Runners Face Penn Threat

It's been longer than one cares to remember since Harvard has been a decided underdog in a cross-country meet. But when coach Bill McCurdy brings seven men and an eight-meet unbeaten skein to New York's Van Cortlandt Park at 3 p.m. today, the Crimson will have to run far above its ability if it hopes to catch what may be the best Penn squad ever assembled.

The Quakers, who breezed through their dual meet schedule undefeated last year, lost no major performers through graduation. In fact, they've added two sophomores, superstar Denis Fikes and Jim Rafferty, from an unbeaten freshman team. Thanks to a new Ivy eligibility rule, they also feature freshman Dave Merrick, an 8:41 two-miler in high school.

Too Strong

"With their material, they should be thinking about winning the IC4A meet," says McCurdy. "They have a really outstanding club--probably too strong for us at this stage in our development."

Yet despite the Quakers' obvious superiority, there is considerable caution around Philadelphia when the subject of Harvard comes up. Only a month after Penn clobbered Harvard, 20-41, last year at Van Cortlandt Park to snap the Crimson's 34-meet winning streak, the Crimson rebounded to upset the Quakers on the same course, and capture its fifth consecutive Heptagonal title.


Penn coach Jim Tuppeny remembers that loss, and apparently, he will consider Harvard the Ivy champions until his runners are able to win a Hep crown.

Another Streak

The Crimson, meanwhile, have been putting another streak together, and it reached eight when sophomore Rick Rojas led his teammates to a 21-38 victory over Northeastern two days ago. It was an encouraging triumph over a reasonably solid team, especially since Harvard was without the service of seven men, including veterans George Barker, Jeff Brokaw and Mark Connolly.

But even if Harvard were at full strength for today's meet, it would have its hands full. With McCurdy bringing only seven men to New York, including three who are running in only their second five-mile race, the prospects are rather dismal.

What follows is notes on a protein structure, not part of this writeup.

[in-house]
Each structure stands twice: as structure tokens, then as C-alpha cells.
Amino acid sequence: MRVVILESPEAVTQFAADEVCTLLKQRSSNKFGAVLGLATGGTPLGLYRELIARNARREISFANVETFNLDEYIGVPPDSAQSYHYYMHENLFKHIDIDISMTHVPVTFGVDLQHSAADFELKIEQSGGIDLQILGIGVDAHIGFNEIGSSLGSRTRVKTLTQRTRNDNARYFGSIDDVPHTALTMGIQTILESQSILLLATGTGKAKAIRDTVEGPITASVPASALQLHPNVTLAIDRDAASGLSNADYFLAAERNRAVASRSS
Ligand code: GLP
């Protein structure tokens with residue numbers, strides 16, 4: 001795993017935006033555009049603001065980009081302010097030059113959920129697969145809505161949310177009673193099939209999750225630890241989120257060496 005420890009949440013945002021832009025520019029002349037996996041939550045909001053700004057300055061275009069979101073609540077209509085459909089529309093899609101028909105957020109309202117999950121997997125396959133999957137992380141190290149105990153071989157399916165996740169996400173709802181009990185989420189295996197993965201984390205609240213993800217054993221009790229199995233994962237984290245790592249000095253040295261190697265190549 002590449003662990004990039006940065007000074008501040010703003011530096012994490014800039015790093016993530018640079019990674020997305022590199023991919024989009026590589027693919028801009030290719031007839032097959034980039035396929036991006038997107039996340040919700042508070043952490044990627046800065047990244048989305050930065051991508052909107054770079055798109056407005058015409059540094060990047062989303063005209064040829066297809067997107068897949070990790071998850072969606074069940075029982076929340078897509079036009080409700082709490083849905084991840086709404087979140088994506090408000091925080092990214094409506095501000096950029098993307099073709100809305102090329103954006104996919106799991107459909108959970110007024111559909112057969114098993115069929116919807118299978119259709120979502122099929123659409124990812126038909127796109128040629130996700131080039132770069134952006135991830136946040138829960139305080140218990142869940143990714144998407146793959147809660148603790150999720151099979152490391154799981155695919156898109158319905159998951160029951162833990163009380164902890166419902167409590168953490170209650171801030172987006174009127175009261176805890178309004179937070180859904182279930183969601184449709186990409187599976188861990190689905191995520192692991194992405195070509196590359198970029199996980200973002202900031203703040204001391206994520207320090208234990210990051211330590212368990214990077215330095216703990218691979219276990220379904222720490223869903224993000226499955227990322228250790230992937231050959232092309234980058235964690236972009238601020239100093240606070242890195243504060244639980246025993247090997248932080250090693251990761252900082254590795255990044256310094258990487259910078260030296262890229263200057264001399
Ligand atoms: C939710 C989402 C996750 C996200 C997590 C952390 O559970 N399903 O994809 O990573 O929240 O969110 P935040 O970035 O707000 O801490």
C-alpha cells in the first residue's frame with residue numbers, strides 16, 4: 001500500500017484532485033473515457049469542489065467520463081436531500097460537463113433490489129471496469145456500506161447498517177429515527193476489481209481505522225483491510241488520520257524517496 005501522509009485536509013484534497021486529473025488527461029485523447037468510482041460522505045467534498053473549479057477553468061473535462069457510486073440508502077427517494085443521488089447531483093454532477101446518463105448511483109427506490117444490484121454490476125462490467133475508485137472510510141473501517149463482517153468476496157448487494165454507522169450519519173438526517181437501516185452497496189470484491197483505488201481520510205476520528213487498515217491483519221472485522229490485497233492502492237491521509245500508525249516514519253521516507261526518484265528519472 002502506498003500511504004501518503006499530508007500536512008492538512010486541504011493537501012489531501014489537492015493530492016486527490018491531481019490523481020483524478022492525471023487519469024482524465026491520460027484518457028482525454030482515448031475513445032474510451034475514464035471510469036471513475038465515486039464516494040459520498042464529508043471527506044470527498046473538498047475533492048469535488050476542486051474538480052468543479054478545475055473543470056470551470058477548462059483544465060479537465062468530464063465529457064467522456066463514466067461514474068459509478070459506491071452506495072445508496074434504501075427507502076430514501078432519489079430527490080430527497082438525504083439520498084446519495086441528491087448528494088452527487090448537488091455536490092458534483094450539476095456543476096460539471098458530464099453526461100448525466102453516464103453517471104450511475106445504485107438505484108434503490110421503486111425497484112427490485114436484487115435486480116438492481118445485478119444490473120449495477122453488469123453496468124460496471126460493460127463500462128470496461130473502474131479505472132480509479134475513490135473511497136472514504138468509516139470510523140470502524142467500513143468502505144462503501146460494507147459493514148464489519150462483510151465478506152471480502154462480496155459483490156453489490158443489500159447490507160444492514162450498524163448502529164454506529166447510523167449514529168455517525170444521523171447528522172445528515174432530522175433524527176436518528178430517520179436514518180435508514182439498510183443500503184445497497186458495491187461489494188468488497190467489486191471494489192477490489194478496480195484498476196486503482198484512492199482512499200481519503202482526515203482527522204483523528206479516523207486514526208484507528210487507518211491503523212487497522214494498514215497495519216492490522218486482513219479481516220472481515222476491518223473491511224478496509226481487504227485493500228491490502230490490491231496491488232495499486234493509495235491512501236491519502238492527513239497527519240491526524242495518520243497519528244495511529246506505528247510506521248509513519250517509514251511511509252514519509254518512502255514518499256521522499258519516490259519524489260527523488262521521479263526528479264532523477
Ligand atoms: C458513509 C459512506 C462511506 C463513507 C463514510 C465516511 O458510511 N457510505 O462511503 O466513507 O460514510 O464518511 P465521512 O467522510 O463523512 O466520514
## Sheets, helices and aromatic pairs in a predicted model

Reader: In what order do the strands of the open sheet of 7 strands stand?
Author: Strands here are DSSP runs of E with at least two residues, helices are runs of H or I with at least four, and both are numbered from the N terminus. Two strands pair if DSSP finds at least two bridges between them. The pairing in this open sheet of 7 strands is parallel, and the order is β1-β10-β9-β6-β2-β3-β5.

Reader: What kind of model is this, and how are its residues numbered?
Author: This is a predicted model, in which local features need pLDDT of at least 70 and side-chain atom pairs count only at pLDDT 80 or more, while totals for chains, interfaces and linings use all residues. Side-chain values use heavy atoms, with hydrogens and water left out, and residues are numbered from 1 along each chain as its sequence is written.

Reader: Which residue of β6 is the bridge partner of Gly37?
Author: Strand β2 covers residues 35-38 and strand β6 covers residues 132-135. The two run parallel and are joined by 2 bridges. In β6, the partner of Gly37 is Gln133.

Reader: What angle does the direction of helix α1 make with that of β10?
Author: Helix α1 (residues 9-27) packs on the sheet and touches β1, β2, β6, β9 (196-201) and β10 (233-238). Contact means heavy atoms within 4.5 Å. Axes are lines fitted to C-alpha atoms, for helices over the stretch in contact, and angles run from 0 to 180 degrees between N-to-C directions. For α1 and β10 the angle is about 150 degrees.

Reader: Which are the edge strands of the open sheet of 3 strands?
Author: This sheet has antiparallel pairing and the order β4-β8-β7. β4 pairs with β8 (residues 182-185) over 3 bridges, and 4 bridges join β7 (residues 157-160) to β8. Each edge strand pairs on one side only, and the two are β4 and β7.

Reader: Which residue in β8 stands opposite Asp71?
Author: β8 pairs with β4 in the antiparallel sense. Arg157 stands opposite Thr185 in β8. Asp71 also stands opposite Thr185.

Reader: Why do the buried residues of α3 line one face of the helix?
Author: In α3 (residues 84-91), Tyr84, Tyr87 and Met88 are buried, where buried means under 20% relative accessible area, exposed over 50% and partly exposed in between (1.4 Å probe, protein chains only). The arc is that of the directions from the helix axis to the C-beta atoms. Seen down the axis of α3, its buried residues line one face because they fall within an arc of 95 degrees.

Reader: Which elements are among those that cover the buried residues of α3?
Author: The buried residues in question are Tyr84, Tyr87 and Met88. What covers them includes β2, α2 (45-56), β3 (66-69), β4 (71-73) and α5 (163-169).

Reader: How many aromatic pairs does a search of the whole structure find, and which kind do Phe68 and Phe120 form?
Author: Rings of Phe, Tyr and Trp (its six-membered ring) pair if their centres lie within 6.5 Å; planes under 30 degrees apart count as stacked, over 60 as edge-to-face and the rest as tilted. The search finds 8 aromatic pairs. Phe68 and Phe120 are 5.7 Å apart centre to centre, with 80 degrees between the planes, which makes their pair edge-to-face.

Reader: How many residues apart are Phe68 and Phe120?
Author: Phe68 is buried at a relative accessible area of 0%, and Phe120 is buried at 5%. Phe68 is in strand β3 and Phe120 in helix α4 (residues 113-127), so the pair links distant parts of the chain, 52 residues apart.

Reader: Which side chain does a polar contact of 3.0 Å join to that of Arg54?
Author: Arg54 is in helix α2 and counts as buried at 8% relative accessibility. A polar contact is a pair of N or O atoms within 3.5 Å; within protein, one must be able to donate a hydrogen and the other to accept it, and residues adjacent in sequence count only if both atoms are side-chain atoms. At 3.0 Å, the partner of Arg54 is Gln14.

Penn's obvious strategy--one that has worked for both squads over the past two years--would encompass a bird-dogging tactic, wherein four or five runners hover near the top two Crimson men, and force them to run off their normal pace, alternately passing them, until they burn out.

In 1969, Quaker Julio Piazza won the race easily, but four Harvard runners destroyed Penn's depth and the Crimson took an easy victory. Last year, Penn used the same tactic, and although Harvard's Tom Spengler won without problem, no less than six Penn runners came in directly behind him.

Harvard's Rojas and senior Mike Koerner are the obvious bird-dog prey today, and Penn has five men, all nearly equal in ability, who will be hounding them.

Piazza, captain Karl Thornton, junior Bob Childs and Merrick finished in a dead heat for first place last weekend in a 15-50 victory over Lehigh and LaSalle, with Fikes close on their heels. They run naturally and well as a unit, and unless Harvard's Marshall Jones and John Quirk can pressure them, there is a distinct possibility that they can badger Rojas and Koerner out of contention.

"It would be interesting to match Rojas and Piazza, or Koerner and Thornton, or any two head and head," McCurdy says. "But here, you're asking one man to run against five. The odds just aren't with you."

Traveling Squad

Junior Tom New and sophomores Freddy Linsk and Jerry Hines round out the traveling squad for today's meet. Linsk and Hines, both running in their second five-mile race, could have a major bearing on the Crimson's success if they can adapt to the distance and the added pressure, but they will have to crack the Quakers' secondary wave of Rafferty, Ken Keehn and Frank O'Connor. It is a lot to ask, and it may be too much at this stage of the season.

Perhaps by November, if the Crimson's injuries heal, Penn may again be within Harvard's grasp, as they were last fall. But for now, McCurdy may have to be content with the Crimson's 18th straight victory over Columbia, a third and deservedly unheralded entrant in the meet.

Harvard's freshman, all but excluded from participating in the varsity meet by a University ruling, will have to be content with competition in the subvarsity meet, scheduled for 2:30 p.m.

Recommended Articles